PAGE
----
Historical records matching Colonel Mitchell Paige U.S.M.C. (Pejić)
About Colonel Mitchell Paige U.S.M.C. (Pejić)
The President of the United States of America, in the name of Congress, takes pleasure in presenting the
Medal of Honor
to Platoon Sergeant Mitchell Paige, United States Marine Corps, for extraordinary heroism and conspicuous gallantry in action above and beyond the call of duty while serving with Company H, Second Battalion, Seventh Marines, FIRST Marine Division, in combat against enemy Japanese forces in the Solomon Islands on 26 October 1942. When the enemy broke through the line directly in front of his position, Platoon Sergeant Paige, commanding a machinegun section with fearless determination, continued to direct the fire of his gunners until all his men were either killed or wounded. Alone, against the deadly hail of Japanese shells, he fought with his gun and when it was destroyed, took over another, moving from gun to gun, never ceasing his withering fire against the advancing hordes until reinforcements finally arrived. Then, forming a new line, he dauntlessly and aggressively led a bayonet charge, driving the enemy back and preventing a breakthrough in our lines. His great personal valor and unyielding devotion to duty were in keeping with the highest traditions of the U.S. Naval Service.
Action Date: 26-Oct-42
Service: Marine Corps
Rank: Platoon Sergeant
Company: Company H
Battalion: 2d Battalion
Regiment: 7th Marines
Division: 1st Marine Division
Colonel Mitchell Paige U.S.M.C. (Serbian:Михајло Пејић/Mihajlo Pejić) (August 31, 1918 – November 15, 2003) was a recipient of the Medal of Honor from World War II. He received this, the highest military honor awarded by the United States of America, for his actions at the Battle of Guadalcanal in the Solomon Islands on October 26, 1942, where, after all of the other Marines in his platoon were killed or wounded, he operated four machine guns, singlehandedly stopping an entire Japanese regiment.
Paige was born in Charleroi, Pennsylvania. His parents were Serb immigrants who arrived in the United States from the Military Frontier of Austria-Hungary, their last name being Pejić. His mother kept him and his brother in touch with their roots, reminding them of the Battle of Kosovo, but also told them to be proud Americans. His family later moved to the Camden Hills neighborhood of West Mifflin. He graduated from McKeesport High School before enlisting in the US Marines.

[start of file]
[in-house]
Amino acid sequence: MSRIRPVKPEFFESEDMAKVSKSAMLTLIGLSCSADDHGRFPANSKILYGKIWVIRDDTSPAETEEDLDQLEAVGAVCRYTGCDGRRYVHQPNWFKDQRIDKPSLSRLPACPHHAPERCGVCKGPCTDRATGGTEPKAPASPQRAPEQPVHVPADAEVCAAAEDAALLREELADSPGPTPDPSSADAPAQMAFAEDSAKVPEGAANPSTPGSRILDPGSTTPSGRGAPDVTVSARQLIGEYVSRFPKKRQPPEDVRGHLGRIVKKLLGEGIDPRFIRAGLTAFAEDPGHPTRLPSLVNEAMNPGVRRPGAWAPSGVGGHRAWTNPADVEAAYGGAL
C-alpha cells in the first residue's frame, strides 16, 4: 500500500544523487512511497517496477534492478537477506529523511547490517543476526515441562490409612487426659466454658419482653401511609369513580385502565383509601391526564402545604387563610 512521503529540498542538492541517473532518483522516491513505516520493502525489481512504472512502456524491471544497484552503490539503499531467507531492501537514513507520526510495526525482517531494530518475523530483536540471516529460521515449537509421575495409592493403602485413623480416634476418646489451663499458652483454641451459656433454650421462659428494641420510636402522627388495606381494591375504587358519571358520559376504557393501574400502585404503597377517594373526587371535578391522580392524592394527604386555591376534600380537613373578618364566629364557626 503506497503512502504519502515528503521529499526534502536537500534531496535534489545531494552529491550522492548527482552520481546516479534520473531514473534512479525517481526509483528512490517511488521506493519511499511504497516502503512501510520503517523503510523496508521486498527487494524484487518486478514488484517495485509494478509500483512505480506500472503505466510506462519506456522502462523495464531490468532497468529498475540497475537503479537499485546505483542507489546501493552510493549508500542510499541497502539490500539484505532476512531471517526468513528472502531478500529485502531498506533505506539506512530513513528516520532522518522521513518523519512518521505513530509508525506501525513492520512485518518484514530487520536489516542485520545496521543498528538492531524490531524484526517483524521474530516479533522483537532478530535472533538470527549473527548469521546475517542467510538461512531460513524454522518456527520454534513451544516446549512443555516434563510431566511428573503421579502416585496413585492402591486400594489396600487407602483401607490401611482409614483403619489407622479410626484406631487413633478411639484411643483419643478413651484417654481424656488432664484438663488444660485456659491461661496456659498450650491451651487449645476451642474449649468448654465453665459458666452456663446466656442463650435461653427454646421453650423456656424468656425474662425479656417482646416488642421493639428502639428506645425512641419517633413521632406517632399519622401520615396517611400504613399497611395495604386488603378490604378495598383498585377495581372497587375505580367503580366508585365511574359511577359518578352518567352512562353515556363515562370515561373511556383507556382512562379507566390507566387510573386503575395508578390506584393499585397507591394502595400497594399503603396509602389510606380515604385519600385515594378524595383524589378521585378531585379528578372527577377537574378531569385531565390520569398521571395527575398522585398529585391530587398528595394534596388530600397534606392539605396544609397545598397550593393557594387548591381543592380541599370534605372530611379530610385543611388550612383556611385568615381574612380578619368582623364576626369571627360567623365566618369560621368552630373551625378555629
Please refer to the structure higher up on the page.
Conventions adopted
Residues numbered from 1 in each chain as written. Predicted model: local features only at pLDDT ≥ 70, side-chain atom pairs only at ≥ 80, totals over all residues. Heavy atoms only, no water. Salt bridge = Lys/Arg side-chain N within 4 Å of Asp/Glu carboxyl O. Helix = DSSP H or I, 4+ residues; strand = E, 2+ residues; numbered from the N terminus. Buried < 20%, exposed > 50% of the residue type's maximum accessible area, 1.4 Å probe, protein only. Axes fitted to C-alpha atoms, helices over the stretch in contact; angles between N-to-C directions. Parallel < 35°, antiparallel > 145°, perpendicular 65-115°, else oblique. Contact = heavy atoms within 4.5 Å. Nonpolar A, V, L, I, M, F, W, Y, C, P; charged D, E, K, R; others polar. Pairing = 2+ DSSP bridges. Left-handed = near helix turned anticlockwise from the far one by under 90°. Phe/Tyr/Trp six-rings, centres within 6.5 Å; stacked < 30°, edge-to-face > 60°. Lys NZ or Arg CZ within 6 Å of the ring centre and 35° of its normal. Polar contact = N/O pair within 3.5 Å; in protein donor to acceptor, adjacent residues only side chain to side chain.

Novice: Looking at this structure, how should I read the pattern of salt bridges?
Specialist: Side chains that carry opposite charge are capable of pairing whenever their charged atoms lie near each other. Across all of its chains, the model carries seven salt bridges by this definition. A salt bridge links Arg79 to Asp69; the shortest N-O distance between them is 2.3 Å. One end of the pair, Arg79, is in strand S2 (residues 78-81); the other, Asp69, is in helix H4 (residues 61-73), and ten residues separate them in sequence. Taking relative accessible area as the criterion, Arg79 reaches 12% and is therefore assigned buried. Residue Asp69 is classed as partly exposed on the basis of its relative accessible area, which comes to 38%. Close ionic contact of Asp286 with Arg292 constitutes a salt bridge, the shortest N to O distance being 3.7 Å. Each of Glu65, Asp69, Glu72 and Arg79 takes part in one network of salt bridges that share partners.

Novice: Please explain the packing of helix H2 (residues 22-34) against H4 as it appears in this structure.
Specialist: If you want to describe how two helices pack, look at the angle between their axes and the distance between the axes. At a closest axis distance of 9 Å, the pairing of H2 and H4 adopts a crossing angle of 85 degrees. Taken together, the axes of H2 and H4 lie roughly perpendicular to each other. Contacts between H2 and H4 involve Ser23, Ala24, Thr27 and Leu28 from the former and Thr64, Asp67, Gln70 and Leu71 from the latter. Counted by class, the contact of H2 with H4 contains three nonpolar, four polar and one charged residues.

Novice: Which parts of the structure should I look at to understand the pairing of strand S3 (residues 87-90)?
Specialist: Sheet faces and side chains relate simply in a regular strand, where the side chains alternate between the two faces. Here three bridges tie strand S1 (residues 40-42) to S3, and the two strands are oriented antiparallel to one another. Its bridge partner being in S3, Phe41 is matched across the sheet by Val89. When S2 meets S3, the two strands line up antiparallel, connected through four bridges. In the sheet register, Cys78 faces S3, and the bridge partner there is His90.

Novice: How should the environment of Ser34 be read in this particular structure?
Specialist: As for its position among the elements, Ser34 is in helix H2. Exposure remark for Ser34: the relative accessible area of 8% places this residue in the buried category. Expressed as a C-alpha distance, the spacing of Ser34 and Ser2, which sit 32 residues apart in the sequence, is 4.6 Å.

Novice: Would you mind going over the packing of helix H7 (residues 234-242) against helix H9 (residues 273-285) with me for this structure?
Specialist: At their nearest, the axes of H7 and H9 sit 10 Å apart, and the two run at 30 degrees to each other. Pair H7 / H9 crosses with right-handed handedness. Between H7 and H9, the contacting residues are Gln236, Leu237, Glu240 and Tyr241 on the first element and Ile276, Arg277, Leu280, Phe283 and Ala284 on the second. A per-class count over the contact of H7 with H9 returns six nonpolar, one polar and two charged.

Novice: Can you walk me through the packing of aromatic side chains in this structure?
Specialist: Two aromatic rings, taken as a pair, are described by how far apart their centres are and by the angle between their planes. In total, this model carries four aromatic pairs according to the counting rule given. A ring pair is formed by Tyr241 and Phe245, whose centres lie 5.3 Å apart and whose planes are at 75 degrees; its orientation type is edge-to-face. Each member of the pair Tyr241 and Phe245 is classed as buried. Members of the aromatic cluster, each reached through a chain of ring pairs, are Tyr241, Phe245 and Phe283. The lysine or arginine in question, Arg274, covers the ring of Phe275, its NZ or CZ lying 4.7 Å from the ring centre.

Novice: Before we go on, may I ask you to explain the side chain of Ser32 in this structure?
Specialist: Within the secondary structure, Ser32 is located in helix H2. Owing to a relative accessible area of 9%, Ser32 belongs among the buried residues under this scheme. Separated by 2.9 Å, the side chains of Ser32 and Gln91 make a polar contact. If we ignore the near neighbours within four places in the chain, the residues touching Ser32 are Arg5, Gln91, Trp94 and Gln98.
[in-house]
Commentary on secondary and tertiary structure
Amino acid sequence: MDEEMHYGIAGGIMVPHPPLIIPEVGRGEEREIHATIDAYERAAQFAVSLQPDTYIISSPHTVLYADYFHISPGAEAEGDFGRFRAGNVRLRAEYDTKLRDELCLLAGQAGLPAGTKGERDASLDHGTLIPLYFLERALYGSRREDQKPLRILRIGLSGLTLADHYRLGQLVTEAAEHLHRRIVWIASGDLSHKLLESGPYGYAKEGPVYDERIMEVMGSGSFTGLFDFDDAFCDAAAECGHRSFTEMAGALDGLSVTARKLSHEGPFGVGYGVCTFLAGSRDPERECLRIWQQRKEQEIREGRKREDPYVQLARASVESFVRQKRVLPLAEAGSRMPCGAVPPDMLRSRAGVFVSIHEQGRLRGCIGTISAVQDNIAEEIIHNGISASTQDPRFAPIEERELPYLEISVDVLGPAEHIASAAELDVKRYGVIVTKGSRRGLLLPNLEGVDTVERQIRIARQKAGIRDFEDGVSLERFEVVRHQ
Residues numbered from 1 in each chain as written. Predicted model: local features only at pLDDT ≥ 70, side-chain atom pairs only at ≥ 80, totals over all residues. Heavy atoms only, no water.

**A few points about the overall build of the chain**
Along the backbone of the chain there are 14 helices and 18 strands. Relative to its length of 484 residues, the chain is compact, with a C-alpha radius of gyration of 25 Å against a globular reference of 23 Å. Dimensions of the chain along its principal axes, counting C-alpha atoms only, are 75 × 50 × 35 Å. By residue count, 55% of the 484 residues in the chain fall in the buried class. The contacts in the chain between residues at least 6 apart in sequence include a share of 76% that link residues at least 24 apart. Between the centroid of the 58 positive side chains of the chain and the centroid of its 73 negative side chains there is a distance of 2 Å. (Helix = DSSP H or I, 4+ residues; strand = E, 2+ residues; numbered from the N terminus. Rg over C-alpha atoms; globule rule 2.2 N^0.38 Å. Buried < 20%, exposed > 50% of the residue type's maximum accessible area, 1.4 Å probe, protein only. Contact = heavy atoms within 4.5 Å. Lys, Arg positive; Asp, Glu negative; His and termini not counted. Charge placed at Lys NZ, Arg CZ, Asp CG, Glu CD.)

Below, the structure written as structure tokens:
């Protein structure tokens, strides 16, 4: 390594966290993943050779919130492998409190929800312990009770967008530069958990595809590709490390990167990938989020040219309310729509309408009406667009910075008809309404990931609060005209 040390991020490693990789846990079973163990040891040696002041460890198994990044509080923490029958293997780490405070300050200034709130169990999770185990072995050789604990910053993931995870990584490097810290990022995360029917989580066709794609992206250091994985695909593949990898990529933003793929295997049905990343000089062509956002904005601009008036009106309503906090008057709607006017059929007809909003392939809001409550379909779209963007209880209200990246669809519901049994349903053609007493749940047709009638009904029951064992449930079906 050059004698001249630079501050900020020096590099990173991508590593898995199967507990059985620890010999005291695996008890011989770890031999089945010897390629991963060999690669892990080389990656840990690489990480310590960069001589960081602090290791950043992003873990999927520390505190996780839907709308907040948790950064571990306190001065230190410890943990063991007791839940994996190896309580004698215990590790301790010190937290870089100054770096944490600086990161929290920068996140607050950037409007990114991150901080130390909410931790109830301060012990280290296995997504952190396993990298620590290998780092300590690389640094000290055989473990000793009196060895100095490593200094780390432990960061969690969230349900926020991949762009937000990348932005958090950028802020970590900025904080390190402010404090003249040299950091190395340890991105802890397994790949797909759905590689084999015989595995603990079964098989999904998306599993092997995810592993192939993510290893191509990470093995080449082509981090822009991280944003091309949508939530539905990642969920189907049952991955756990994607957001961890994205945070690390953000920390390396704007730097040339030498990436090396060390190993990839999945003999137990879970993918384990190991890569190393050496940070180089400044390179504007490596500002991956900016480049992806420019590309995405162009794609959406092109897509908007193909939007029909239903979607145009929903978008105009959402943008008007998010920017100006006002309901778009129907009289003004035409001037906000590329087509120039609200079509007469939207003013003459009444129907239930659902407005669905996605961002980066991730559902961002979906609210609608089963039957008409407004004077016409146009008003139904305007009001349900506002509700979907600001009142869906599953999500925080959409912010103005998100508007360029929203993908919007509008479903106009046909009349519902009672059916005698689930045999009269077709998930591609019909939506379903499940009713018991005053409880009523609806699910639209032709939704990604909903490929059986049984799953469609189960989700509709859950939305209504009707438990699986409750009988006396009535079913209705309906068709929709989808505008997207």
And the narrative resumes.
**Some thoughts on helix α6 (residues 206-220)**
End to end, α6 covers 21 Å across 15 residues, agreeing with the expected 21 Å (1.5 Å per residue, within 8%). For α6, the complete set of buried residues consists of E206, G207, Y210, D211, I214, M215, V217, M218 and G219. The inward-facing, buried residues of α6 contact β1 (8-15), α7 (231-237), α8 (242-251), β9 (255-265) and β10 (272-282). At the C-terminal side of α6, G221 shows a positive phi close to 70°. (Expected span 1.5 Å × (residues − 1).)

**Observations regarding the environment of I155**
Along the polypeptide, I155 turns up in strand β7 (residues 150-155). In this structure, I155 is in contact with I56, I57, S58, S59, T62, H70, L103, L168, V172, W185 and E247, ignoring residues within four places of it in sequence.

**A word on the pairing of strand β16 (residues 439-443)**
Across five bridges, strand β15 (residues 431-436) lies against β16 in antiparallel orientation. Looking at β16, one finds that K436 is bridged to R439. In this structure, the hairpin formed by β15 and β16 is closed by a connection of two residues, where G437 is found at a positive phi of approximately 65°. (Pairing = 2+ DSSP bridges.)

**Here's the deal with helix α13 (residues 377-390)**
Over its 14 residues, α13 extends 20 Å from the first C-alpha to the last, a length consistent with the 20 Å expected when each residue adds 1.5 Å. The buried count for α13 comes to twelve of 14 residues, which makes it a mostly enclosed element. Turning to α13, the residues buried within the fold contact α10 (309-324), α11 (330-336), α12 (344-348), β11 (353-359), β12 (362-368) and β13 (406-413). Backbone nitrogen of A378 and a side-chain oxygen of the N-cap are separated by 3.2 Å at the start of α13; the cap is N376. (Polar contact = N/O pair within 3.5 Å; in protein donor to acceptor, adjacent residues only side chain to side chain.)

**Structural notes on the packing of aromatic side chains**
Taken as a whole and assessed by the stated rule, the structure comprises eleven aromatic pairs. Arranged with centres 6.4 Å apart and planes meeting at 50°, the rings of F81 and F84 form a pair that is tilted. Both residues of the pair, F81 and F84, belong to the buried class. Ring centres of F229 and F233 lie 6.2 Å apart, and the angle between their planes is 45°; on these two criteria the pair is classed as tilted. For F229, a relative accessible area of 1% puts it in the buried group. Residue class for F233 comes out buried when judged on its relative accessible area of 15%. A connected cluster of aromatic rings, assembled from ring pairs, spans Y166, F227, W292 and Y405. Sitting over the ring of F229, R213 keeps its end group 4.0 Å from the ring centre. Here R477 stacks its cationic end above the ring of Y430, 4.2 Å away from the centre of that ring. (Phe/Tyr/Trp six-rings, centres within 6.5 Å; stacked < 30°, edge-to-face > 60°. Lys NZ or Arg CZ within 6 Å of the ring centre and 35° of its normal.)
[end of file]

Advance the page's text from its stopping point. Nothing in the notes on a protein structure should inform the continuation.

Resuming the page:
Mitch enlisted in the Marine Corps on September 1, 1936 at Baltimore, Maryland.
Completing his boot camp training at Parris Island, South Carolina, in November 1936, he was transferred to Quantico, Virginia. Later he served aboard the USS Wyoming as a gunner and took part in maneuvers via Panama to San Clemente Island off the coast of California.
In February 1937, he was transferred to Mare Island Navy Yard for guard duty, and two months later was ordered to Cavite in the Philippine Islands. While on Cavite he became a member of the All-Navy-Marine baseball team, which gained prominence throughout the Islands and the Orient.
He served in China from October 1938 to September 1939. During his tour he guarded American property during the famous Tientsin flood. He left North China and returned to the U.S. in April 1940, for guard duty at the Brooklyn and Philadelphia Navy Yards. In September 1940, he rejoined the 5th Marines, at Quantico, and the following month participated in maneuvers at Guantanamo Bay, Cuba and Culebra, Puerto Rico.
In March 1941, he was transferred back to the States and ordered to New River, North Carolina, to help construct and prepare a new training base for Marines, which later became Camp Lejeune.
After the Japanese attack on Pearl Harbor, he was once more sent overseas with the 7th Marines and landed at Apia, British Samoa. From Samoa, the 7th Marines went to Guadalcanal, landing in September of 1942. He earned the nation’s highest decoration for heroism, the Medal of Honor, during the campaign for Guadalcanal in October 1942, when he made a desperate lone stand against enemy Japanese after they had broken through the lines and killed or wounded all of the Marines in his machine gun section.
Platoon Sergeant Paige fired his machine gun until it was destroyed, then moved from gun to gun, keeping up a withering fire until he finally received reinforcements. He later led a bayonet charge that drove the Japanese back and prevented a breakthrough in American lines.